|The term microfinance is generally used to describe efforts to promote financial systems in developing countries and transition economies in order to improve the access of micro entrepreneurs, small and medium enterprises, small farmers and other economic units – the target group – to financing sources. This target group generally does not have access to financing from traditional commercial banks since lending to them is regarded as too risky and too costly. However, in order to grow and prosper enterprises need constant credit supply. Hence by offering financial services specifically tailored to the target group microfinance banks stimulate economic development. In contrast to NGOs and other similar kinds of credit programs microfinance banks do not merely channel development assistance funds to previously selected sectors of the population. Instead they are set up with the goal to become permanent, stable and efficient financial institutions. In our opinion, only credit programs which are designed to continue indefinitely as institutions can be regarded as instruments of development policy. Therefore, we consider it essential to plan, design and implement such credit programs as part of a sustainable financial institution. In order to become sustainable, however, a microfinance bank has to employ a commercial approach to microfinance based on the principle of financial self-sufficiency. This implies a rate of return on capital that accommodates the level of risk incurred and a moderate profit sufficient to enable the institution to grow.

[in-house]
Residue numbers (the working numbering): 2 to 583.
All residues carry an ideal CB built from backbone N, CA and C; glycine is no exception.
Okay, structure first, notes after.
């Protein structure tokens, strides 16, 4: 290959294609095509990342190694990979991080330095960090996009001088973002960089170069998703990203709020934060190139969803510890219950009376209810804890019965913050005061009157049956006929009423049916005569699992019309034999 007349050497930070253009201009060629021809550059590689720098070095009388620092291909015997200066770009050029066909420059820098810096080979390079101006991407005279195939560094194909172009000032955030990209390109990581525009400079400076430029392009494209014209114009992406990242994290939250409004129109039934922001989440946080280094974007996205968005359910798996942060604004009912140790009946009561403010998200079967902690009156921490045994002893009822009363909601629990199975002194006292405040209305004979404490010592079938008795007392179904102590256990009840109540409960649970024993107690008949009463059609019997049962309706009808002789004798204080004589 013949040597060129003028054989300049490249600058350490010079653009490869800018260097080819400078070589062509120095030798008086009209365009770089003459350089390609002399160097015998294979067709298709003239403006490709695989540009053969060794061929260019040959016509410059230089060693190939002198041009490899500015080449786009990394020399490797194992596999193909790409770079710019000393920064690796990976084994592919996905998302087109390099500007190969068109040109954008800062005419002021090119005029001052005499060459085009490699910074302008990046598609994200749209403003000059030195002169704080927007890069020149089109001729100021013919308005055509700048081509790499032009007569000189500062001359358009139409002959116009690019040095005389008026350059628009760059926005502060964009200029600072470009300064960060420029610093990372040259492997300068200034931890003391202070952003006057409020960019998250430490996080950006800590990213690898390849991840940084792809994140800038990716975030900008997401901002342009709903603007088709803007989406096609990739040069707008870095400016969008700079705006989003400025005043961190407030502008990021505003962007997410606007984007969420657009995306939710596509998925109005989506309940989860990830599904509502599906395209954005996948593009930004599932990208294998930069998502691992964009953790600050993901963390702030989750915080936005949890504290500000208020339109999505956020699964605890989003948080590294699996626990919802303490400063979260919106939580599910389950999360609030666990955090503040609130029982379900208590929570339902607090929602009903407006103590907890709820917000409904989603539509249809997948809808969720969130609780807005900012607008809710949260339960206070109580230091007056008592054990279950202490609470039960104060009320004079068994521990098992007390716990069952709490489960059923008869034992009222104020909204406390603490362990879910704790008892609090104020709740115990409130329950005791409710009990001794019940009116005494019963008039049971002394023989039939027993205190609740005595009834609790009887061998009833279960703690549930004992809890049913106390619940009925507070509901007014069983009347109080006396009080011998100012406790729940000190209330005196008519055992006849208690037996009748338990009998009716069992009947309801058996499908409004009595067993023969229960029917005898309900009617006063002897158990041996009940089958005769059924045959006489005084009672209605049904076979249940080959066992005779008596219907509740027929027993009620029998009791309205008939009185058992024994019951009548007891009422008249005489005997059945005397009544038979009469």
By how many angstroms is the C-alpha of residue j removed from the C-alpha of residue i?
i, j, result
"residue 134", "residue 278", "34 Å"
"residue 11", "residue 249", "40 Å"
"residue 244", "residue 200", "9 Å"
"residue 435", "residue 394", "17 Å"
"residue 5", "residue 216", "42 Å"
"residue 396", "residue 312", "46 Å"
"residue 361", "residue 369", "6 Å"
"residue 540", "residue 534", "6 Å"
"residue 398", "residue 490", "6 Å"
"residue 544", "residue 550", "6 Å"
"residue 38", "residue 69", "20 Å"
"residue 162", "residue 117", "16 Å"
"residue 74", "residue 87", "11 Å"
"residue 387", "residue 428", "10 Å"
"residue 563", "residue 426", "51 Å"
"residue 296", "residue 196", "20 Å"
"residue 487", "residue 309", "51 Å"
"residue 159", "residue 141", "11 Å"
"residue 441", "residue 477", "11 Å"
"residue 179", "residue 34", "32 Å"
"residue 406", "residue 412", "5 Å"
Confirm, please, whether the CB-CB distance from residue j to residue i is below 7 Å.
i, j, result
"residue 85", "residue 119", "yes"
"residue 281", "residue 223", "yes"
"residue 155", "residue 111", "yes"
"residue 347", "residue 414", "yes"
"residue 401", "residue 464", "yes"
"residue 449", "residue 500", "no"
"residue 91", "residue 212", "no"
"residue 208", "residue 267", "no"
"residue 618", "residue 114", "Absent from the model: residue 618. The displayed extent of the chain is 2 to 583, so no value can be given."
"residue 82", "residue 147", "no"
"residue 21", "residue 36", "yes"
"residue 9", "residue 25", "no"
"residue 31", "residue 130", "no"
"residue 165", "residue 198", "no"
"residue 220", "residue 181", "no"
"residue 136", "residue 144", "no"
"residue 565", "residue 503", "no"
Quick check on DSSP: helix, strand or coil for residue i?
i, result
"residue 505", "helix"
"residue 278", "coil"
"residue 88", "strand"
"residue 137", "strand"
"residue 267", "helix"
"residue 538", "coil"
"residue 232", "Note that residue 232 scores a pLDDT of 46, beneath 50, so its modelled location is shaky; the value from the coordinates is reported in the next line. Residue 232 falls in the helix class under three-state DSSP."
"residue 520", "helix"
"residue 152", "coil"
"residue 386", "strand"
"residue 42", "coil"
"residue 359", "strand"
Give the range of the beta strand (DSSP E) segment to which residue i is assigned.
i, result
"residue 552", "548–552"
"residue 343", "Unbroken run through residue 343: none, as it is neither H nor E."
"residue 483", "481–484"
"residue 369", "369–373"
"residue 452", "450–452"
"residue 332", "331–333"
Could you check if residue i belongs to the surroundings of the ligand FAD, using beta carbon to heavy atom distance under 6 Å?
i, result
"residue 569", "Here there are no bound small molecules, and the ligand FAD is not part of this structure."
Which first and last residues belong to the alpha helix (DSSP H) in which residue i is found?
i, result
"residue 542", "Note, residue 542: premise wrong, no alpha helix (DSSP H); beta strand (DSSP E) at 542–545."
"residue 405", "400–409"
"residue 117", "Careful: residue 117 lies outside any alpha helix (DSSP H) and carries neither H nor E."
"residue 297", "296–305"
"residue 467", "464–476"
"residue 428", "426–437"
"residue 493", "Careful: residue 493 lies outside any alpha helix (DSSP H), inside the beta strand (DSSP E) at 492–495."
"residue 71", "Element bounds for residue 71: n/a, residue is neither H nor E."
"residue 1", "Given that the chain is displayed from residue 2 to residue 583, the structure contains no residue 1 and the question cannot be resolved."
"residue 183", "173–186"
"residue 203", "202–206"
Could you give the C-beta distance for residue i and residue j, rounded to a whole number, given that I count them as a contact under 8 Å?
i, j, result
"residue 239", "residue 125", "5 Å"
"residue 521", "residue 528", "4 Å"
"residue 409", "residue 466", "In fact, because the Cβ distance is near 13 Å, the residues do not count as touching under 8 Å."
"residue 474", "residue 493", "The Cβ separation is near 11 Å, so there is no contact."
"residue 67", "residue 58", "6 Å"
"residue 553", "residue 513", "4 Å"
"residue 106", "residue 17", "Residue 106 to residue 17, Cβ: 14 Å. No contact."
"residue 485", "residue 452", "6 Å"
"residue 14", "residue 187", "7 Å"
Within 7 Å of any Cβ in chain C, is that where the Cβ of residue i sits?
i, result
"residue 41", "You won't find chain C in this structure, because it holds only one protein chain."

Over the last three decades the concept of Microfinance has evolved considerably towards a more complete vision of the needs of the target group, including not only credit facilities but also other financial services. Today microfinance banks around the world offer various kinds of financial services to micro entrepreneurs and SME, such as: credit, deposit facilities, money transfer facilities, remittances from abroad, insurance etc.